1974, on the island of Cyprus. Two teenagers, from opposite sides of a divided land, meet at a tavern in the city they both call home. The tavern is the only place that Kostas, who is Greek and Christian, and Defne, who is Turkish and Muslim, can meet, in secret, hidden beneath the blackened beams from which hang garlands of garlic, chilli peppers and wild herbs. This is where one can find the best food in town, the best music, the best wine. But there is something else to the place: it makes one forget, even if for just a few hours, the world outside and its immoderate sorrows. In 'The Island of Missing Trees', prizewinning author Elif Shafak brings us a rich, magical tale of belonging and identity, love and trauma, memory and amnesia, human-induced destruction of nature, and, finally, renewal.
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The Lamplighters, by Emma Stonex
A heart-stopping novel inspired by true events, 'The Lamplighters' is the story of three men who vanish from a remote lighthouse. The entrance door is locked from the inside, the clocks have all stopped and the table is set for dinner. Twenty years later, the mystery of their disappearance still haunts the heartbroken women left behind. The sea has kept its secrets, until now.
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Little Wing, by Freya North
UK, 1969. Florence Lawson, a 16-year-old girl who dreams of being an artist, finds herself pregnant and banished to one of the most remote parts of the UK. 1986. Dougie Munro, searching for adventure, leaves the Isle of Harris - the island of his birth - for art college and a career in London as a photographer. 2004. Nell Hartley, content with her life in Colchester managing a care-in-the-community cafe, discovers a shocking truth about her family. Between the sprawl of London, suburban Essex, and the wild, unpredictable Outer Hebrides, three lives collide and interweave as questions are asked and secrets surface. What happened to Florence? Why is Dougie now so reluctant to return home? How can Nell make peace with the lies she's been told? A novel about resilience, forgiveness and the true meaning of family, about finding one's place in the world and discovering how we all belong somewhere and to someone.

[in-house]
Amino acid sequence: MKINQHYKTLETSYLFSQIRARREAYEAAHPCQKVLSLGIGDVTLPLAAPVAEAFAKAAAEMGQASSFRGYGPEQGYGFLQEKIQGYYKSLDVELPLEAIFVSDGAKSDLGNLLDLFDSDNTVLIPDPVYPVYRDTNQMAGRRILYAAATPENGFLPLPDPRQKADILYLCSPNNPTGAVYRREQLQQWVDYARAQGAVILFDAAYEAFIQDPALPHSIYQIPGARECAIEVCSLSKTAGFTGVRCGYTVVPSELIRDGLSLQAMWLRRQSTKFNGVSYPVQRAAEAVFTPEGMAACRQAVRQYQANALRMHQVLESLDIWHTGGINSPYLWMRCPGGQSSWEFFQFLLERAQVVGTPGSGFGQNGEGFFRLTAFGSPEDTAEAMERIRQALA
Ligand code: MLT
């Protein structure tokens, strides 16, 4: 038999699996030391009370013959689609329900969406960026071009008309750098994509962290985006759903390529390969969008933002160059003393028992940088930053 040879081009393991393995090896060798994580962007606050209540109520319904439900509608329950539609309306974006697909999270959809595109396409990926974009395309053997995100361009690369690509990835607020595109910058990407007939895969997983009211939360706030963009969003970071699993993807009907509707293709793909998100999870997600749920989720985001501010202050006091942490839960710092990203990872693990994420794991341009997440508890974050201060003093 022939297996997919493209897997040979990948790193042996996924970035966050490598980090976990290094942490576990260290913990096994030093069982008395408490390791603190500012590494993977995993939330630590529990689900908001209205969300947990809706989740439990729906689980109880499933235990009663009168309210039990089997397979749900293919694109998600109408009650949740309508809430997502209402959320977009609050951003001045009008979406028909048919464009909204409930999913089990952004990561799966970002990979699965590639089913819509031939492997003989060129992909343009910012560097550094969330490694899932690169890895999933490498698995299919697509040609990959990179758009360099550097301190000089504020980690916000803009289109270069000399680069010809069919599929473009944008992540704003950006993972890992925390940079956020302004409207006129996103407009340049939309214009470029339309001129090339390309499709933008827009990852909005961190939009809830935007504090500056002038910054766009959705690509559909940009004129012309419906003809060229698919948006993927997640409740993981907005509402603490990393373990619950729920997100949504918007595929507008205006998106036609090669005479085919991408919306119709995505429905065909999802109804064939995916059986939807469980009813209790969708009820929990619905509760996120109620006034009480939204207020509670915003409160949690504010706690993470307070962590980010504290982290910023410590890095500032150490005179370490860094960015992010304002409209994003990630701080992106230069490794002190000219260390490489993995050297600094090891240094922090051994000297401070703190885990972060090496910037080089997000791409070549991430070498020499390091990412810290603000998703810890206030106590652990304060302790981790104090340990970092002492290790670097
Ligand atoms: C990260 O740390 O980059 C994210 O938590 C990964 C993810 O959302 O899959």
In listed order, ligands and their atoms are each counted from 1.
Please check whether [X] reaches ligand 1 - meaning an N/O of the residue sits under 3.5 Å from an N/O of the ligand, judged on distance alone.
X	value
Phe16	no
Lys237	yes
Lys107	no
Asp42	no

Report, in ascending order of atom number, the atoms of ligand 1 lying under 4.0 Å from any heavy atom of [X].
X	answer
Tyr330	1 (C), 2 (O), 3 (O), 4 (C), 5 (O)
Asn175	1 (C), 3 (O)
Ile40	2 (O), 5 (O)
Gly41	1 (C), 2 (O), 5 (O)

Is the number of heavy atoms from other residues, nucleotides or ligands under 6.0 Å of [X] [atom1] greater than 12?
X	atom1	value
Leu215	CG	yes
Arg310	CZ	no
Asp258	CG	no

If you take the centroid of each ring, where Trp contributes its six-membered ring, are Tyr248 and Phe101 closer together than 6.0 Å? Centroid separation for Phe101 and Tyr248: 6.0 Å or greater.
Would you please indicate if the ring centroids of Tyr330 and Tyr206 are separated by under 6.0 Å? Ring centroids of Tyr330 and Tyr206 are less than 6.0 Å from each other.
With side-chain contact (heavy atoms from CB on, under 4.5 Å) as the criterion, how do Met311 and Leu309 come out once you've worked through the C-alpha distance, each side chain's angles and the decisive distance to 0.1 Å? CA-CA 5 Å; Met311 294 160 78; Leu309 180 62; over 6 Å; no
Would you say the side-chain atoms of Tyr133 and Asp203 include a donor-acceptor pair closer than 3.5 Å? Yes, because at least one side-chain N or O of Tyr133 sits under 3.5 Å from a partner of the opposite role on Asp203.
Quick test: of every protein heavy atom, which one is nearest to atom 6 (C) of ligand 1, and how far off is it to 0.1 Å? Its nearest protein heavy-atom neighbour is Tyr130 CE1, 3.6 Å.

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A Terrible Kindness, by Jo Browning-Wroe